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the ladder

Darryl Stewart in Winnipeg Manitoba, October 12, 2016.Lyle Stafford/The Globe and Mail

Darryl Stewart, 48, a mechanical engineer, is co-owner and 'head of the herd' of Winnipeg-based Ibex Payroll, a nationwide payroll software company that focuses, in large part, on organizations helping adults with intellectual difficulties.

I was a geek. I was into computers and introverted, so I read tons of books. I always had a very independent streak. I started my first business before I left university as an engineer, which is not a faculty where you're encouraged to be an entrepreneur.

I was forever pushing too hard at work. My biggest problem was [that] I wanted to just get things done and do interesting things. I had been very successful, but I also knew that I was self-limiting, the way I acted. I was driven and pushy.

But I've also learned by making mistakes. You need to try lots of things and then keep moving. You can't be afraid to try things. That's where the excitement comes for me.

I've had this big-picture learning from other entrepreneurs and business people. Lesson No. 1: focus on one thing. The ones at the table who were the most successful had already made that transition.

We chose this world of payroll outsourcing, doing payroll for other companies. I sold the engineering business, I closed down the staffing business and said 'Okay, this payroll business is what I want to do.' With a business like that, I could create value for people that they would pay me on a recurring basis. I could see – from both my own lifestyle and supporting my family and not having to work 80 hours a week for the rest of my life – the benefits of having a business like that.

We had entered a very competitive world dominated by big companies. The simple solution, from what we read, was if you find yourself in a horizontal market – meaning you're trying to do the same thing in a big market for lots of people with no specialization – just carve out a vertical niche in there. Be a big fish in a little pond instead of the small fish in the big pond.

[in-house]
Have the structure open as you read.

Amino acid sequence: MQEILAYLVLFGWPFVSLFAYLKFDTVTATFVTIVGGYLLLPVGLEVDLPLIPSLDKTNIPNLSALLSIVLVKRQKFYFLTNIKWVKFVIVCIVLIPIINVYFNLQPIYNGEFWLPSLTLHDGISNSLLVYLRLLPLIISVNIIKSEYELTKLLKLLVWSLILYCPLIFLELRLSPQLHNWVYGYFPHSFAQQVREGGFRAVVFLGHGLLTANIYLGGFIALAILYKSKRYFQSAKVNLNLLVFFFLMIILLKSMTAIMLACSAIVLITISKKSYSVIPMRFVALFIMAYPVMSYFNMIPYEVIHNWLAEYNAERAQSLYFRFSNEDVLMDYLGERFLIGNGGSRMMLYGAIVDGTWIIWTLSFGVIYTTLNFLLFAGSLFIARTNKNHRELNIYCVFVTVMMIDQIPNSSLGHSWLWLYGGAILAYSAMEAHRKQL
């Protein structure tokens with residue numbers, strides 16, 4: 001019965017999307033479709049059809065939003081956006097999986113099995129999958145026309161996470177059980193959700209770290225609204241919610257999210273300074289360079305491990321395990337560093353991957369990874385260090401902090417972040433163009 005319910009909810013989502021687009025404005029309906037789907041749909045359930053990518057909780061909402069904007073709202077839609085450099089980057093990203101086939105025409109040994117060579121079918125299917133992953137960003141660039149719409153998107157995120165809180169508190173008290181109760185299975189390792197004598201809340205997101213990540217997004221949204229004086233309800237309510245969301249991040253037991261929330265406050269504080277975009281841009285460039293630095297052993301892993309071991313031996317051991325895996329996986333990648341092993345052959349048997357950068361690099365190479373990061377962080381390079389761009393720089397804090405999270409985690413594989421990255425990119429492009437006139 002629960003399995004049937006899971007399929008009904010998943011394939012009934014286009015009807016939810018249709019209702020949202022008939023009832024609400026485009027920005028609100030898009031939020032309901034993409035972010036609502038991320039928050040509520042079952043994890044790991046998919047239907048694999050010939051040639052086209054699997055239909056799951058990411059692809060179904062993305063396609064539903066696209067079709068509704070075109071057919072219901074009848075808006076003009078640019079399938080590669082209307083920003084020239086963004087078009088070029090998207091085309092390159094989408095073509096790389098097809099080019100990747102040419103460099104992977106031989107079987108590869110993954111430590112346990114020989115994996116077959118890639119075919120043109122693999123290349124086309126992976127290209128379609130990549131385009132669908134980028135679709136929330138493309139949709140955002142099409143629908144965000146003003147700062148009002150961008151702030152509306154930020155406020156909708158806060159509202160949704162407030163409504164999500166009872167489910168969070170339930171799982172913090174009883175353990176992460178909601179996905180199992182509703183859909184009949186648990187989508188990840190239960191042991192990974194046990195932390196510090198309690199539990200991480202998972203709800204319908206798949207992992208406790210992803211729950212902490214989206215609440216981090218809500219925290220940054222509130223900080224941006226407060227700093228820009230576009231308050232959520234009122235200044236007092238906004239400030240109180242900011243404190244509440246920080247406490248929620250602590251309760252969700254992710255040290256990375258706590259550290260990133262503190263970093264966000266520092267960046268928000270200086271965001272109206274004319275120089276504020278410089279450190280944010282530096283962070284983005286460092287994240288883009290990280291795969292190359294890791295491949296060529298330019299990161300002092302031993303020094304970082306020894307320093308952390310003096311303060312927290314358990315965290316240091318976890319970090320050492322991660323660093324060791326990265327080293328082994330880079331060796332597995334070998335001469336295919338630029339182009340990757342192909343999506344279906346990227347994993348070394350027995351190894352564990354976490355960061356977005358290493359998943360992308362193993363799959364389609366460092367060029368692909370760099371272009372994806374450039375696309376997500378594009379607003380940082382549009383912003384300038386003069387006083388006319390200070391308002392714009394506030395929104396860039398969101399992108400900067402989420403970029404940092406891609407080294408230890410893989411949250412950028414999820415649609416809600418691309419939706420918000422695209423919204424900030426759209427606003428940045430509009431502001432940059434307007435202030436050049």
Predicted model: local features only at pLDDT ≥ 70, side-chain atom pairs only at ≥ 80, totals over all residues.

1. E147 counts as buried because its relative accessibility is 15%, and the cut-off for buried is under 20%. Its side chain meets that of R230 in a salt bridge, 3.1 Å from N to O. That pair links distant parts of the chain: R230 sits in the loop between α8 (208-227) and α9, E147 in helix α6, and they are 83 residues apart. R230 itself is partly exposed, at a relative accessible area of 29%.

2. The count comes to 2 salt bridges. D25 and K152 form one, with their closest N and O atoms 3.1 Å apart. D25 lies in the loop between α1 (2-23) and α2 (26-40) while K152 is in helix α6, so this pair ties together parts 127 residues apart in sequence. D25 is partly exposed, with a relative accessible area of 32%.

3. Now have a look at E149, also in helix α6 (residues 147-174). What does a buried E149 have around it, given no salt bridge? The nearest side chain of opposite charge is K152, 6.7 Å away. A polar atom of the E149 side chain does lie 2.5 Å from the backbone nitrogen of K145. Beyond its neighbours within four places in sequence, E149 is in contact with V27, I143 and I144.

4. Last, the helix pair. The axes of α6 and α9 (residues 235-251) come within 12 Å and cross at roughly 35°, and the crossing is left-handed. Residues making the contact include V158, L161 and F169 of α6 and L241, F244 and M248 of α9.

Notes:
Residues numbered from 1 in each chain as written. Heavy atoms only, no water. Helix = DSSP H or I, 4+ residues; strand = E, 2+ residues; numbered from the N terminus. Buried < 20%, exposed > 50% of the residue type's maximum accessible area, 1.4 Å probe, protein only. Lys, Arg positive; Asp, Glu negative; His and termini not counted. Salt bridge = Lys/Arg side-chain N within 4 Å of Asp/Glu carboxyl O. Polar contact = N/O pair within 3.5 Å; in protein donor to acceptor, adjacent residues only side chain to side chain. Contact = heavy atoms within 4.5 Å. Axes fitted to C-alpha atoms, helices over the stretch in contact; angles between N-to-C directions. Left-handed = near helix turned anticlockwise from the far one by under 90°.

We can take an organization that's struggling to help a bunch of people with intellectual disabilities. There's a bunch of managers going crazy trying to manage all that [administrative] chaos when all they want to do is love and support all these people. We can jump into that situation, help them and get just as much reward as them.

Our purpose as a company is to empower and inspire great workplaces. The empowering is the software; the inspiring is the kind of culture we try to exude and share that with our customers. And it comes back to us: How do we inspire ourselves? Having those organizations as our main client base has been just wonderful.

I used to think the goal as an entrepreneur was to work 30 or 40 hours a week and [have] it just be the same, steady and normal. But I've come to realize that a part of the freedom of being an entrepreneur is that I can really go hard at it when I want to. I can indulge the desire to work really hard – work 60 or 70 hours in a week because I'm really into something – and then go to Thailand for 10 days. That's not for everybody, but it is for me.

Maybe all the friction in the past was that I didn't like being told what to do, how to fit and how to do the same thing every week. Having some success in business as an entrepreneur has allowed me to be more of the person I think I was meant to be.

I've been with very technical companies where you do amazing work for people, but it's just a project. So everyone's excited about the project … but then, 'Here's your cheque. Goodbye and thank you.' And you're 'Okay, now what do we do?' That was fun while we did it, but we don't have ownership of it and we're only as good as our next project. It's tough to motivate people and yourself when you just keep doing that over and over again.

As told to Robin Summerfield. This interview has been edited and condensed.

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